While the IC’s research organization looks into adding security to cloud environments, in the here and now, intelligence agencies are sharing more data.
Jon Stewart’s 16-year stint as host of The Daily Show couldn’t end without President Barack Obama making one last appearance. Seated across from Stewart for the seventh and final time, President Obama reflected on his two terms, noting that outdated government IT has been one of his administration’s biggest obstacles.
The president said that the government is operating at a higher level than in the past, but he conceded that archaic technological infrastructures in place inhibit the government’s potential.
“Government works better now than it probably ever has, given what we ask it to do,” Obama proclaimed. “What is true is, if you have a government that was built on 1930 models, and it’s not updated for decades, then there’s gonna be a gap in terms of what it is doing now, relative to what some other folks do.”
Above all, the president would like to see IT operate with less bureaucracy and more speed.
“We’re having to completely redesign how the government purchases IT services, how it does digital, from soup to nuts, and part of … the way it’s been historically set up is that you have these specifications that are this thick,” the president continued.
“When I’m on a campaign and I’m setting up my Internet operations, I’ve got four guys in T-shirts in a room, and they’re figuring out, ‘How do we do this thing?’ That’s not how the government is set up. It’s slow, and it doesn’t function properly. You asked me what I want to do over the next 18 months. A lot of this stuff does not require Congress, it requires us bearing down and figuring out how it is that we can revamp these systems, and we’ve done it successfully in certain areas. But when you’ve got two million employees, then there are going to be places where this slips,” said Obama.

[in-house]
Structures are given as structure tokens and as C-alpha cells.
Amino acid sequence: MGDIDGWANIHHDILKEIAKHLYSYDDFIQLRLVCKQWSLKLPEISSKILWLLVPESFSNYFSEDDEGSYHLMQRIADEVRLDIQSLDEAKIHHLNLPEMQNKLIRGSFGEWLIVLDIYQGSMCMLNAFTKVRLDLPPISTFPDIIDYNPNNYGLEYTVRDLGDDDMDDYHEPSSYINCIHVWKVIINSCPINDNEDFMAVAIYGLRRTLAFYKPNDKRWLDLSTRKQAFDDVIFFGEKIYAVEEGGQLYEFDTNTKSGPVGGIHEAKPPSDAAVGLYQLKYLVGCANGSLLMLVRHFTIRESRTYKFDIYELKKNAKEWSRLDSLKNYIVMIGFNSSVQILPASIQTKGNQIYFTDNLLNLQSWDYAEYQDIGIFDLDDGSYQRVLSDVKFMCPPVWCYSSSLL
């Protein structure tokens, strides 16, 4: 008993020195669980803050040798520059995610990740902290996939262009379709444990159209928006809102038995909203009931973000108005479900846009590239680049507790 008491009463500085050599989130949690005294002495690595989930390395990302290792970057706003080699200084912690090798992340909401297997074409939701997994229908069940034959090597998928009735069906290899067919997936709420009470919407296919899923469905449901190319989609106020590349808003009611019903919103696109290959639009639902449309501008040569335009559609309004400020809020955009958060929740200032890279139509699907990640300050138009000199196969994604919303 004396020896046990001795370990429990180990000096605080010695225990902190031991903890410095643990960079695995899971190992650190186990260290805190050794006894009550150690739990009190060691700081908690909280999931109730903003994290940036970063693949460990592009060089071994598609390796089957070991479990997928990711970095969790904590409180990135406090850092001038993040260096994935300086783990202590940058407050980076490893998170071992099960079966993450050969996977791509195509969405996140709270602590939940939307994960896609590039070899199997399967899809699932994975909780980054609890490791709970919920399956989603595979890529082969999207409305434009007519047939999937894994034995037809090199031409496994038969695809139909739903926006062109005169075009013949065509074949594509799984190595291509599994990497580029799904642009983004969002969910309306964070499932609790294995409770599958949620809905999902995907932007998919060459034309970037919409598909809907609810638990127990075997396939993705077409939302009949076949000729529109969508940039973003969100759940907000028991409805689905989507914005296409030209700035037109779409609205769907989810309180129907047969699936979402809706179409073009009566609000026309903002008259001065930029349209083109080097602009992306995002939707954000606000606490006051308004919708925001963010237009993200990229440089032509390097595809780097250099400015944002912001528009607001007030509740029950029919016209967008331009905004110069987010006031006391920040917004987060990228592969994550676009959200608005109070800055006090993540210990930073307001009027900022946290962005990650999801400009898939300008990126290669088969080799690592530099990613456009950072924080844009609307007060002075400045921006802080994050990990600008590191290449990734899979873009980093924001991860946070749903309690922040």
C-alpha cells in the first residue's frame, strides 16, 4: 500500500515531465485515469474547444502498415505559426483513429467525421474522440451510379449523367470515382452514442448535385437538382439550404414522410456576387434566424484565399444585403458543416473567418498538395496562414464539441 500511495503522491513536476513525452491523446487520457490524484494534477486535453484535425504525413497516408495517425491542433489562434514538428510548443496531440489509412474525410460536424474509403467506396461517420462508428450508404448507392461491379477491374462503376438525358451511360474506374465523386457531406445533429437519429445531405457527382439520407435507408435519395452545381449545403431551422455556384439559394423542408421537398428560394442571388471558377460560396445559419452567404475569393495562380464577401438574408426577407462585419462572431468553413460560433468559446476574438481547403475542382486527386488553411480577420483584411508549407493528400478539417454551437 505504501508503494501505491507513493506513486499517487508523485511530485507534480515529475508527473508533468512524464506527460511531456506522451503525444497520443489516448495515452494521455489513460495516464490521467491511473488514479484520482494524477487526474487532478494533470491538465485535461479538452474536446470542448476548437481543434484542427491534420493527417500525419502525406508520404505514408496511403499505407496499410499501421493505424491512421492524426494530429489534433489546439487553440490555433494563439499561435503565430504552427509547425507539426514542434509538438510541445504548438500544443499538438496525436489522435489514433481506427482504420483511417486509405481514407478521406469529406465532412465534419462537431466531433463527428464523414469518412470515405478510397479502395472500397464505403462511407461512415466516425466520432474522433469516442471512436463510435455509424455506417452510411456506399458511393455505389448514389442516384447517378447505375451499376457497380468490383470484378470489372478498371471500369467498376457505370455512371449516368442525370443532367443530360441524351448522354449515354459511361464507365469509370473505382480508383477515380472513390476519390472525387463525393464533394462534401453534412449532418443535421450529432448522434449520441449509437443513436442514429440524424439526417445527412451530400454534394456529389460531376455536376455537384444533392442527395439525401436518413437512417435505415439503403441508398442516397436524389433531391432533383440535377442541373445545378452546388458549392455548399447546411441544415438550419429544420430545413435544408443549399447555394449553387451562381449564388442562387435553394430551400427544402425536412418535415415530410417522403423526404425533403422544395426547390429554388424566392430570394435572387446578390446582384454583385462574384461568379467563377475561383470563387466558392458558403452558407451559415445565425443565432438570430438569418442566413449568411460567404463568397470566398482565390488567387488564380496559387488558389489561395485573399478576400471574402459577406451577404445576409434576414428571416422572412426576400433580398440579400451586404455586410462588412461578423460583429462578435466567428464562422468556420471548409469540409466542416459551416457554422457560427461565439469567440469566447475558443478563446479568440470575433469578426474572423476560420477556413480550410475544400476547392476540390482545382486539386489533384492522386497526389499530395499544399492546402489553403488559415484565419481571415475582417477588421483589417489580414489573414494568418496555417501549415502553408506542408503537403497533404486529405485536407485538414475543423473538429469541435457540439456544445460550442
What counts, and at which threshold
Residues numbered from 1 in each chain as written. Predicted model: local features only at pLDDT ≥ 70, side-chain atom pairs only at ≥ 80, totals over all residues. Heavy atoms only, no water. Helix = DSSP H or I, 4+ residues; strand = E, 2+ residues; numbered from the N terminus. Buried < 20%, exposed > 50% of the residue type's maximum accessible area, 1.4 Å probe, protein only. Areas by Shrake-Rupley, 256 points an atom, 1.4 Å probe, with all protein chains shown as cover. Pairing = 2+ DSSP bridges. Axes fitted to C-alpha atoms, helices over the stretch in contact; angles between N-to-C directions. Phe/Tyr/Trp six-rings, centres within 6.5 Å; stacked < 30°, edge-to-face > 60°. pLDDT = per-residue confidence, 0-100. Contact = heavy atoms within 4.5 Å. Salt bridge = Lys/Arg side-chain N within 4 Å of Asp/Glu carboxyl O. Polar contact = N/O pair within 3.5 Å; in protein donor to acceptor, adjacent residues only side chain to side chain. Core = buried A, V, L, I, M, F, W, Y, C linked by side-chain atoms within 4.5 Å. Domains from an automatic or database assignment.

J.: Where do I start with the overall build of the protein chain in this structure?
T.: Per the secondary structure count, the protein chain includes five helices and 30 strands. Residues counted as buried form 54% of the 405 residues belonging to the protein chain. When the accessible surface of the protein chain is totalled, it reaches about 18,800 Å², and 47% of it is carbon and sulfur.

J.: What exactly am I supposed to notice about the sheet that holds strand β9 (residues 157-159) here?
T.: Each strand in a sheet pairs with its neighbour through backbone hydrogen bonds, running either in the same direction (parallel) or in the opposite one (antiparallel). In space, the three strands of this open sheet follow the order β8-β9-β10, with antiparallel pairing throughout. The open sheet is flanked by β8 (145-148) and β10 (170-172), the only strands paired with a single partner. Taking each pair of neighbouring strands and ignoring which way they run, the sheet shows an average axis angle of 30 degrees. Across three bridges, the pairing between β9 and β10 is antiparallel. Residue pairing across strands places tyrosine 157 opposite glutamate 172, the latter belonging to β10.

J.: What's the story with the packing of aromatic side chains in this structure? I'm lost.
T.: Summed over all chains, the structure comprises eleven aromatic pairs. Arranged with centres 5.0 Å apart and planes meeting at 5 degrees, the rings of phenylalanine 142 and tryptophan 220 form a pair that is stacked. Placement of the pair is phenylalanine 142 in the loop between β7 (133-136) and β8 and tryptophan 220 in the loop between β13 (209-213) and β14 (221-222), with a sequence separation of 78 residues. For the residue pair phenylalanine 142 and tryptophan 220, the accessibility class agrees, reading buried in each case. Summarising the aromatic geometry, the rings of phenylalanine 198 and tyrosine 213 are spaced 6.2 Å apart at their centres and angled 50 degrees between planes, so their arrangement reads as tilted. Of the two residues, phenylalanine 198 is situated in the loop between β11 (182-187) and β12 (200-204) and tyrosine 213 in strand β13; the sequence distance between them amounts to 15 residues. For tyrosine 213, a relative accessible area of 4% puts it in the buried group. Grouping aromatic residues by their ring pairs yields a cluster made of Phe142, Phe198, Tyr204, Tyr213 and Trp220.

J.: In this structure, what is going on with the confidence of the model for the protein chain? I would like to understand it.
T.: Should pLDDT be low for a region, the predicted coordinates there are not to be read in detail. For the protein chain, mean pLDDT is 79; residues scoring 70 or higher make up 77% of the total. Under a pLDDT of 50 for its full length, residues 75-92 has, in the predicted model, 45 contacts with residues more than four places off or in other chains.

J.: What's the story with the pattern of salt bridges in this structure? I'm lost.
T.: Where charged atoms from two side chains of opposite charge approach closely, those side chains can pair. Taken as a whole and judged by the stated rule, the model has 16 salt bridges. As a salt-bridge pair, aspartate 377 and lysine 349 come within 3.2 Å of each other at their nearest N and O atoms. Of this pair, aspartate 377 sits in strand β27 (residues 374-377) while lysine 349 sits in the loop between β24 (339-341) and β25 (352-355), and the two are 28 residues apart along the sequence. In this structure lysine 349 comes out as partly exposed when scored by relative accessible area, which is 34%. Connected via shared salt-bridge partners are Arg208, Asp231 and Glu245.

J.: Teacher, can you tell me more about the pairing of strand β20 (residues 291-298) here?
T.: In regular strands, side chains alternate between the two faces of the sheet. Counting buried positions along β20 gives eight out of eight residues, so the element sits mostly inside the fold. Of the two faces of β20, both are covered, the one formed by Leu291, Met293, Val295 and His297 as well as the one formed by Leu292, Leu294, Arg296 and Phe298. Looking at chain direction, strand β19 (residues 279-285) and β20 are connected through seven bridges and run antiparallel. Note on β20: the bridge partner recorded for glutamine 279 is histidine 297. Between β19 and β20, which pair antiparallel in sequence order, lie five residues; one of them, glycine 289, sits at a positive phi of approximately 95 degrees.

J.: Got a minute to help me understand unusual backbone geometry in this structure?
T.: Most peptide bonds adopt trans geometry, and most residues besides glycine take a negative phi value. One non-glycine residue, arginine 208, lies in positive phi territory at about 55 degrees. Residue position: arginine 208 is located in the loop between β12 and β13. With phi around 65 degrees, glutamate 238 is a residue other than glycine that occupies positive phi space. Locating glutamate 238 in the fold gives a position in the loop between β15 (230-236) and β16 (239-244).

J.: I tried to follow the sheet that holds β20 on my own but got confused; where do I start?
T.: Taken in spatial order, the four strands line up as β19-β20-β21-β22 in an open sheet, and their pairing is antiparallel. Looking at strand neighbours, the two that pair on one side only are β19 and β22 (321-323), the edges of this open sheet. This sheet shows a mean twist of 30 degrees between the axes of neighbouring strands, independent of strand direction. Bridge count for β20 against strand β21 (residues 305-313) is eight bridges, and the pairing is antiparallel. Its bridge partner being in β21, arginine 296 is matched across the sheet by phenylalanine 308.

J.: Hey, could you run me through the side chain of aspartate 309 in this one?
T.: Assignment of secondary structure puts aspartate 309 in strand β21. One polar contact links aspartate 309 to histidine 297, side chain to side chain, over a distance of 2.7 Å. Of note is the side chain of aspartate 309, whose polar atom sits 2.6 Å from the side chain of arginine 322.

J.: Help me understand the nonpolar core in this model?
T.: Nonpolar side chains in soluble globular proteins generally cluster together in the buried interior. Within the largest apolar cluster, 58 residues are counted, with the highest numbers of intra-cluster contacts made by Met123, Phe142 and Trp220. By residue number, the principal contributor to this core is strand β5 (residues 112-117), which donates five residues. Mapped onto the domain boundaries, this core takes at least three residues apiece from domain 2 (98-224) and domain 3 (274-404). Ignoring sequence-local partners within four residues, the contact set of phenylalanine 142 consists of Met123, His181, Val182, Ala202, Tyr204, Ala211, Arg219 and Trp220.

One of the Obama administration’s initiatives involves modernizing government IT as much as possible before the president leaves office. In a recent feature, Government Executive revealed that President Obama’s 2016 budget floated the idea of adding digital service teams to certain government agencies. According to the magazine, the White House has flagged roughly 60 projects that require some sort of digital simonizing, from the Einstein intrusion detection system the Department of Homeland Security uses to a Census Bureau plan to upgrade the 2020 census head count data by using the Internet.
Purchasing government technology has long been a challenge, so 18F — a new arm of the General Services Administration — was created last March, with the mission of altering how the government buys and constructs digital platforms. Luring people away from Silicon Valley to do this is one method the Obama administration has deployed, but, as expected, the clash between new and old has made it an arduous task.
In June, Mikey Dickerson, U.S. Digital Service ad (one of the folks who helped remedy the Healthcare.gov situation) told Fast Company that differing attitudes have also presented a wall.
“There’s an attitude in the entrepreneurial private sector where we don’t care what came before us: We’re going to disrupt it,” he said. “But we are not going to disrupt Social Security. That’s a big reason why it’s so hard to make these changes, because you can’t interrupt the flow of operations.”
Modernizing government IT won’t happen with the flip of a switch or before Obama leaves office. However, his active interest in upgrading is a pivotal step toward finally bringing government technology into the 21st century.